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OpenAI’s Sora Is a Total Mystery

OpenAI’s Sora Is a Total Mystery
OpenAI’s Sora Is a Total Mystery

A new program from the ChatGPT maker promises to create videos from simple text prompts, but little is known about how it will actually work.

One of the Sora sample videos released by OpenAI. The entire scene was generated by AI. (Courtesy OpenAI)

February 16, 2024, 4:39 PM ET

Yesterday afternoon, OpenAI teased Sora, a video-generation model that promises to convert written text prompts into highly realistic videos. Footage released by the company depicts such examples as “a Shiba Inu dog wearing a beret and black turtleneck” and “in an ornate, historical hall, a massive tidal wave peaks and begins to crash.” The excitement from the press has been reminiscent of the buzz surrounding the image creator DALL-E or ChatGPT in 2022: Sora is described as “eye-popping,” “world-changing,” and “breathtaking, yet terrifying.”

The imagery is genuinely impressive. At a glance, one example of an animated “fluffy monster” looks better than Shrek; an “extreme close up” of a woman’s eye, complete with a reflection of the scene in front of her, is startlingly lifelike. But Sora is also shrouded in mystery. Nobody outside a select group of safety testers and artists approved by OpenAI can use the program yet (although Sam Altman, the company’s CEO, has been taking Sora prompt requests on social media and posting the results). The model could very well bring about the fantasies people are already floating. Perhaps it will be an imagination engine, a cinematic revolution, or a misinformation machine. But for now, it’s best viewed as a provocation or an advertising blitz.

Although many of these products are spun as powerful enough to upend our conception of the world—or to destroy it outright—companies such as OpenAI tend not to detail their inner workings. (A recent study gave 10 major tech companies, including OpenAI, a failing grade on an AI-transparency index.) The MIT Technology Review was given a preview of sample videos generated by Sora only after agreeing to what its journalists called the “unusual” condition that they would not seek outside opinions until after OpenAI announced the product; initially, no research paper accompanied the release.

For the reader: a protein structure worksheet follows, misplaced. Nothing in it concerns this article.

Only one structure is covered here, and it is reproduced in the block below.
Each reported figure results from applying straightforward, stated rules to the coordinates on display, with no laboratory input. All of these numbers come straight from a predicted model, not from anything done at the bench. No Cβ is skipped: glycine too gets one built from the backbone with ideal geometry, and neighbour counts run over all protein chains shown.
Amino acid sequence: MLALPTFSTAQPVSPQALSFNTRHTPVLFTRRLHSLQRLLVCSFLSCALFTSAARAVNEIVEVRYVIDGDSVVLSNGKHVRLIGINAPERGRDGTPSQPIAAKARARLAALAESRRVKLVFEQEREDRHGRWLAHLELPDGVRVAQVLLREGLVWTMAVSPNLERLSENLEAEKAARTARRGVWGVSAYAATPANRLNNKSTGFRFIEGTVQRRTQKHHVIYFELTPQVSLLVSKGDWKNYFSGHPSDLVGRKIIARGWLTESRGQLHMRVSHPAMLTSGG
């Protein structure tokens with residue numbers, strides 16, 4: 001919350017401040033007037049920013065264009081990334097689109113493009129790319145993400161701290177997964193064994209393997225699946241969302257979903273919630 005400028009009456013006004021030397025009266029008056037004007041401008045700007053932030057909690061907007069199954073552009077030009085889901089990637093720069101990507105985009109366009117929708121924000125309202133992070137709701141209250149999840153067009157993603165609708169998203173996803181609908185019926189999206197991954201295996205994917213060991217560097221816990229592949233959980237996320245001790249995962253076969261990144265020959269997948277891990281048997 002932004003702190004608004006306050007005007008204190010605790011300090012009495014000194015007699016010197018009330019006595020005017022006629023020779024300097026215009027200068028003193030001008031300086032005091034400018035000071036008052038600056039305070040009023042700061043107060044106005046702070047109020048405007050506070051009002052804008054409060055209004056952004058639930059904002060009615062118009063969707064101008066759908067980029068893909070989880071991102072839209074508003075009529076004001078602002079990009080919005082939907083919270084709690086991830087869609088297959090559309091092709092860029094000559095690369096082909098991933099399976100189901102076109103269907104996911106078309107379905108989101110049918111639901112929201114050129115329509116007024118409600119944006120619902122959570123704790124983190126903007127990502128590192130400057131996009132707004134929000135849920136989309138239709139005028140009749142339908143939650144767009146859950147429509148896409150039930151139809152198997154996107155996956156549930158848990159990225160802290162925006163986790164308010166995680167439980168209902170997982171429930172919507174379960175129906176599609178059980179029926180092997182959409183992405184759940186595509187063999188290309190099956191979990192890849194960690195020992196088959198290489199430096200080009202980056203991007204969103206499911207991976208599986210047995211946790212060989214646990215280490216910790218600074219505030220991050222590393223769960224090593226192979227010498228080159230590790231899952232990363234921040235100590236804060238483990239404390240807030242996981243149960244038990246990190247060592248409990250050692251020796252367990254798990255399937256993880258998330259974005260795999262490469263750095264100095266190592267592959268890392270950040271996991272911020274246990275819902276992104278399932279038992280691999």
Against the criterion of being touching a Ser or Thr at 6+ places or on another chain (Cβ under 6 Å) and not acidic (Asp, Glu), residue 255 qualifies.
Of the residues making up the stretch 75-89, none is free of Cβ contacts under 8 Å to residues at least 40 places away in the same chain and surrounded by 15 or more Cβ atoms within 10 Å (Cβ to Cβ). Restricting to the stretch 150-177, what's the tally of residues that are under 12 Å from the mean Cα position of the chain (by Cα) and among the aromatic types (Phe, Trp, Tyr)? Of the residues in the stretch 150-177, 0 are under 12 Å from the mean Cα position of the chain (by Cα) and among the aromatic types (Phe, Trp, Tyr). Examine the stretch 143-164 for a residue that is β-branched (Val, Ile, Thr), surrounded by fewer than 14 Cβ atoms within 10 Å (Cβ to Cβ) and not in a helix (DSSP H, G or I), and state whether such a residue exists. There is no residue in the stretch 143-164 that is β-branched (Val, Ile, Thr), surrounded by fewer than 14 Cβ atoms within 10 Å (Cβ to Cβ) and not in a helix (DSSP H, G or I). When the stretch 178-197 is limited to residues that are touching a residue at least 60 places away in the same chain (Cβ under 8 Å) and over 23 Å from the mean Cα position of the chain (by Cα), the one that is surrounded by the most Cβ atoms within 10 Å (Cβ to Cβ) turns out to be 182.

The technical report that OpenAI later published contains brief, generic descriptions that are sparse on, well, technical details. This is far from the first text-to-video model (Meta unveiled one in September 2022, about two months before ChatGPT’s release), but right now, without the ability of people outside the company to study or test Sora, knowing how it builds upon or compares with previous products is impossible. What is apparent from the report is that, similar to the start-up’s language models, the more computing power that OpenAI pumped into Sora, the higher quality its outputs became—a ghoulish blob of fur becomes a photorealistic, adorable pup when generated with 16 times the resources. Beyond any technological breakthrough, Sora may be the latest, and perhaps most spectacular, result of the billions of dollars in OpenAI’s coffers—a victory of scale as much as innovation.

A spokesperson for OpenAI told me in a written statement that the company is “sharing our research progress early to start working with and getting feedback from people outside of OpenAI and to give people a sense of what AI capabilities are on the horizon.” Asked about training data, the spokesperson would only specify that the model is trained on “licensed and publicly available content”; asked about potential harms, she said the company is still working to address “misinformation, hateful content, and bias .”

OpenAI is not alone in its secrecy. Also yesterday, Google announced an updated version of its flagship language model, Gemini 1.5, hailing it as a “breakthrough.” But nobody beyond a small group of developers and major, corporate customers would be able to test its most advanced capabilities. Plenty of other AI products are also released without much accompanying information.

We do know, however, that demos of AI products tend to contain flaws, some minor and some embarrassing, and Sora is no exception. By OpenAI’s own admission, it struggles with depicting physics, cause and effect (the company says that you might ask for a video of a person biting into a cookie, only to notice that no bite mark is left behind), and other simple details (a man is shown running the wrong way on a treadmill). Internet sleuths have uncovered still other failures, such as disappearing objects and misshapen hands. Nonetheless, the product appears astonishing—which, for all the excitement, raises exceedingly familiar yet serious concerns over deepfakes, copyright infringement, artists’ livelihoods, hidden biases, and more.

Meanwhile, the internet swirls with paparazzi-esque theories and observations: guesses about how Sora works; insinuations that Sora is not generating new things but copying existing videos; comparisons showing similarities between its videos and the outputs of a leading text-to-image model. These concerns, for now, cannot be found right or wrong. The public still barely understands the inner workings of DALL-E and ChatGPT, but at least we can test those products’ capabilities for ourselves; with Sora’s announcement, OpenAI has entered the realm of mythmaking.


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